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Are theme park fans ready for 'The Marvel Experience' in 2014?

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Published: August 22, 2013 at 5:59 PM

The same producers who gave us Broadway’s “Spider-Man: Turn Off the Dark,” have announced that they will be delivering a $30 million traveling theme-park-style attraction featuring Marvel Comics’ roster of superheroes and villains to two dozen U.S. cities in 2014. The Marvel Experience will be staged in a mobile dome complex the size of two football fields that will appear in each city for one week.

The Marvel Experience

The massive attraction promises original 3D animated features, motion-comic origin stories and holographic simulations, but the centerpiece of the experience is a new 4D motion ride that promises to be a first-person thrill ride that will “enable anyone to feel like a superhero like Spider-Man or Captain America,” according to Hero Ventures CEO, Rick Licht.

There are some big names lending their producing experience and financial assistance to this project. Live Nation chairman and “Spider-Man: Turn Off the Dark” producer, Michael Cohl, will be heading up the project while folks like Roy P. Disney, New York Giants co-owner Steve Tisch and a who’s who of financial bigwigs are providing funding for the project.

My first thought on “The Marvel Experience” is budgetary. Is $30 million anywhere near enough money to produce an interactive theme park attraction of this magnitude, let alone move the entire production from city to city every week? “Spider-man: Turn off the Dark” cost more than twice that amount just to get off the ground, and it only had to play one city.

I like the idea of bringing a theme-park-quality attraction to the masses instead of forcing guests to travel to a specific park to experience something spectacular, but with only a $30 million budget, will this attraction feel more like the Ringling Brothers Circus at the local fairgrounds than the “Spider-Man” ride at Universal Studios? Does Disney and Marvel risk cheapening their characters and brand with a watered down “trailer rig” attraction?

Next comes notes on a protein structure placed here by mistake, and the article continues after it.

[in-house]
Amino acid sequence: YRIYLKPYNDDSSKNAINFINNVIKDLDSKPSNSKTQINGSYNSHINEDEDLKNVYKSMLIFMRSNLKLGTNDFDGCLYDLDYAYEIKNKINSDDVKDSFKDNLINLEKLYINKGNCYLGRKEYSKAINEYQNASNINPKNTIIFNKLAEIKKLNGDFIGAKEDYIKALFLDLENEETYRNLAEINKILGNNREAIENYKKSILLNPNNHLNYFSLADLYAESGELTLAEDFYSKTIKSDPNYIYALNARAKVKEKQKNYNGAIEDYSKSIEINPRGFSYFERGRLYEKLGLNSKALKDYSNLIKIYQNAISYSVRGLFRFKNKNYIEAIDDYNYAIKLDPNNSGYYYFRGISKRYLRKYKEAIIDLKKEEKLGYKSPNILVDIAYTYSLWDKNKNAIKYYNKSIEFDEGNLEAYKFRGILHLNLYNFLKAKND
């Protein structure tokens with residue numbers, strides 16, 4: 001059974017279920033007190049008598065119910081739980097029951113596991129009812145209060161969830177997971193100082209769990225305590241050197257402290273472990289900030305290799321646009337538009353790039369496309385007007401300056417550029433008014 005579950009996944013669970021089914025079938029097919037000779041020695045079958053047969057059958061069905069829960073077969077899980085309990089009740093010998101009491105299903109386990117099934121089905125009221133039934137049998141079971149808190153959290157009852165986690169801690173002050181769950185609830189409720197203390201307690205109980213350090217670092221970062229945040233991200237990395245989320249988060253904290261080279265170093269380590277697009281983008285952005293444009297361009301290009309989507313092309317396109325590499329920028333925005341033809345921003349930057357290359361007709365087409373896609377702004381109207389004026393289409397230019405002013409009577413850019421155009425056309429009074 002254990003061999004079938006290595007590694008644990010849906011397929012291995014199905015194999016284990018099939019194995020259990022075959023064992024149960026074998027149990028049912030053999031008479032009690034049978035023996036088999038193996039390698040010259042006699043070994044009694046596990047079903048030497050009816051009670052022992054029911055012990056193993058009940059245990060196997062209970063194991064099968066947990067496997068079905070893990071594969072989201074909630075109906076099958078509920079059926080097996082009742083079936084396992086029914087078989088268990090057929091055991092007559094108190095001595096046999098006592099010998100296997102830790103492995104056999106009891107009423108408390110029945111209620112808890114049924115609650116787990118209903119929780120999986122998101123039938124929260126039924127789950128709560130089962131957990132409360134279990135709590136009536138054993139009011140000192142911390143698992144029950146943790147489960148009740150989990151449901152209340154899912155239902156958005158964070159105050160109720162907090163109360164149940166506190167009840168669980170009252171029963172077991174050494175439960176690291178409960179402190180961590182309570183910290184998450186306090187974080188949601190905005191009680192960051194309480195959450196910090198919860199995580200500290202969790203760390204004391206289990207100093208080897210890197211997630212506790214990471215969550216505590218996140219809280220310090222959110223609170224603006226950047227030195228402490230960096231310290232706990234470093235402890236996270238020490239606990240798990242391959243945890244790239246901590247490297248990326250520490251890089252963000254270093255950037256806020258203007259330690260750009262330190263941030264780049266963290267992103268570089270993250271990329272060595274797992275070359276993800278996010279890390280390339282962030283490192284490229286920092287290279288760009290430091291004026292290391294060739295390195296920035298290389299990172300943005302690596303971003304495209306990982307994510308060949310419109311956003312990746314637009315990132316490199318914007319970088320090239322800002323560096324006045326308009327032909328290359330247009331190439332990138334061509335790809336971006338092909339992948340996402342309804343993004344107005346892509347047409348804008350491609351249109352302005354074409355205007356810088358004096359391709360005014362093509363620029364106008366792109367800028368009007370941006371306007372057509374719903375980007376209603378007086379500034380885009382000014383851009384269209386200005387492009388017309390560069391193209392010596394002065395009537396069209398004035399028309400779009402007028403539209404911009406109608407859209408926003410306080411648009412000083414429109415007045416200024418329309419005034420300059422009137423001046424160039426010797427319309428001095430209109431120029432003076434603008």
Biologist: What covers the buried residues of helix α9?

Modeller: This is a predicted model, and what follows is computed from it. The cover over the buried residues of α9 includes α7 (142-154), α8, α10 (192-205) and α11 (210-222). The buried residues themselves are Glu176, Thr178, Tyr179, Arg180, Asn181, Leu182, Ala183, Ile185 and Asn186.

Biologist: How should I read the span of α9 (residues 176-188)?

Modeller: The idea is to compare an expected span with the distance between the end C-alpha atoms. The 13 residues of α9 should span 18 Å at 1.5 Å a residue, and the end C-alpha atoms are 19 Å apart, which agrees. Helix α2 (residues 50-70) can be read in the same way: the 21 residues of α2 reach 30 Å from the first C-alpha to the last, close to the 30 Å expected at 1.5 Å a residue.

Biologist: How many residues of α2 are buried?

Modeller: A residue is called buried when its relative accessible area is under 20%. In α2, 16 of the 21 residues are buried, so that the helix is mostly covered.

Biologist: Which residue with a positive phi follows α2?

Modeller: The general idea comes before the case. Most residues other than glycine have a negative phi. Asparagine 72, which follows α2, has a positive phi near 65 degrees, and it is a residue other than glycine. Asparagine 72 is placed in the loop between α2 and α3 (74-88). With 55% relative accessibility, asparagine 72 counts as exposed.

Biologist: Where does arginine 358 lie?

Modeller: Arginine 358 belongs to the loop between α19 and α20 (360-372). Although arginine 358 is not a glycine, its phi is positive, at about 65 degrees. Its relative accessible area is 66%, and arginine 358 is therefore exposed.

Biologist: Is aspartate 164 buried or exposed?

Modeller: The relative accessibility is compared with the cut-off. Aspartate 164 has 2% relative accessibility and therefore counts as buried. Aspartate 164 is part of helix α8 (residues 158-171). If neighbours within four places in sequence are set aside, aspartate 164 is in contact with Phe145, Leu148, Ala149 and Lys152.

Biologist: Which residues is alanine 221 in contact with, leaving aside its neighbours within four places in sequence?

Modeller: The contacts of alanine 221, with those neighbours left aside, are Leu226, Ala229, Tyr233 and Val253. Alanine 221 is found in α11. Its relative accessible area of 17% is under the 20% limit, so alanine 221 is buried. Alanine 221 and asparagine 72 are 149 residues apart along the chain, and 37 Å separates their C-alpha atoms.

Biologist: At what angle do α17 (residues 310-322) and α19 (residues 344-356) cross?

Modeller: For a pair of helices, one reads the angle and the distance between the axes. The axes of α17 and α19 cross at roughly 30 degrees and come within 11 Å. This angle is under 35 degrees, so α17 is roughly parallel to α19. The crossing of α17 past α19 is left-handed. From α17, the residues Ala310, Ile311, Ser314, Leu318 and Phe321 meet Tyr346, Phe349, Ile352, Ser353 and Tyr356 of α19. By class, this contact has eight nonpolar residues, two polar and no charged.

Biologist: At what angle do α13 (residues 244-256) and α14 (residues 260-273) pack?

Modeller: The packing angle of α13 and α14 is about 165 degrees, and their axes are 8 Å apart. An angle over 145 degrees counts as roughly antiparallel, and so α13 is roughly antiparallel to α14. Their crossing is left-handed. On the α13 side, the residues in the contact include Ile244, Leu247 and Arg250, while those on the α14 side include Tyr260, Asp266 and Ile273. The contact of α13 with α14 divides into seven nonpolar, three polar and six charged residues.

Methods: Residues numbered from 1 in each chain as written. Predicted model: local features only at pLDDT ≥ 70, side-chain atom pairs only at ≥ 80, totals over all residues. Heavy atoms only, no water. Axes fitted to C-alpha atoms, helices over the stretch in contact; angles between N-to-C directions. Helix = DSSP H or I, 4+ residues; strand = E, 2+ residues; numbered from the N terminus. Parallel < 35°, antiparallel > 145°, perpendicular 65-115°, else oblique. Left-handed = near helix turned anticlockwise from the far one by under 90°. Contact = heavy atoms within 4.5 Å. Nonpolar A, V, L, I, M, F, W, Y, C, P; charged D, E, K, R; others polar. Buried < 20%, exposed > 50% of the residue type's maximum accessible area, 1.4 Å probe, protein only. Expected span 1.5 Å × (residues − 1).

This news does sort of overshadow the minimal effort Disney seemed to put into their earlier “Iron Man” promotional attraction and their recently announced, seemingly similar, “Thor” attraction. “The Marvel Experience” producers have already announced their ambition to create a second leg to the US tour that would serve as a “sequel” to the first attraction.

This is big news that brings with it lots of questions: What will it ultimately look like? What does this mean for Disney’s plans for Marvel attractions at its own parks? What do you think of this?

Readers' Opinions

From James Trexen on August 22, 2013 at 7:00 PM
I think Marvel would want to avoid mentioning "Turn Off the Dark" unless they want hospital bills to exceed the budget. ; )
From Andrew Dougherty on August 22, 2013 at 7:06 PM
I really enjoyed Spider-Man Turn Off The Dark when I saw it in March.
From Aaron McMahon on August 22, 2013 at 7:22 PM
I'm sure Marvel fans will pay to get a meet and greet with Rocket Racoon once he becomes the breakout character of Guardians of the Galaxy movie. I doubt Disney will allow him in their parks in all his gun-wielding glory.
From O T on August 22, 2013 at 9:06 PM
The lawyers of the 2 companies will have a blast if Disney is calling this a mobile theme park or the stuff they have there "rides". And indeed 30 million is just enough for imaginering to produce the signs and 5 costumes.
On the other hand this could be an amazing promotion vehicle for Islands of Adventure where, after fans got a taste they go and decide to go for the real ting, the Hulk coaster, Spiderman ride and more...
From Anon Mouse on August 23, 2013 at 12:32 PM
I'm surprised that there was absolutely no mention of "Batman Live!". This production was played all around the US and originated in Great Britain. I saw the production at the Honda Center. Think of the show as a stage production with circus elements. I thought the acrobatics were substandard. The story was boring. The Joker magic acts were stale. The dancing was amateurish.

The show didn't sell out. They bumped me from the cheap seats in the upper balconey to the lower seats. I'm glad I didn't spend more money on this.

Note: The show utilized the LCD screens to change the scenery and provide special effects. I expect the Marvel show to do the same. Will it be a real ride? I don't think so. Perhaps the audience will sit in their seat. At the right time, they will ask them to put on their 3D glasses and the show(ride) begins for a short duration.

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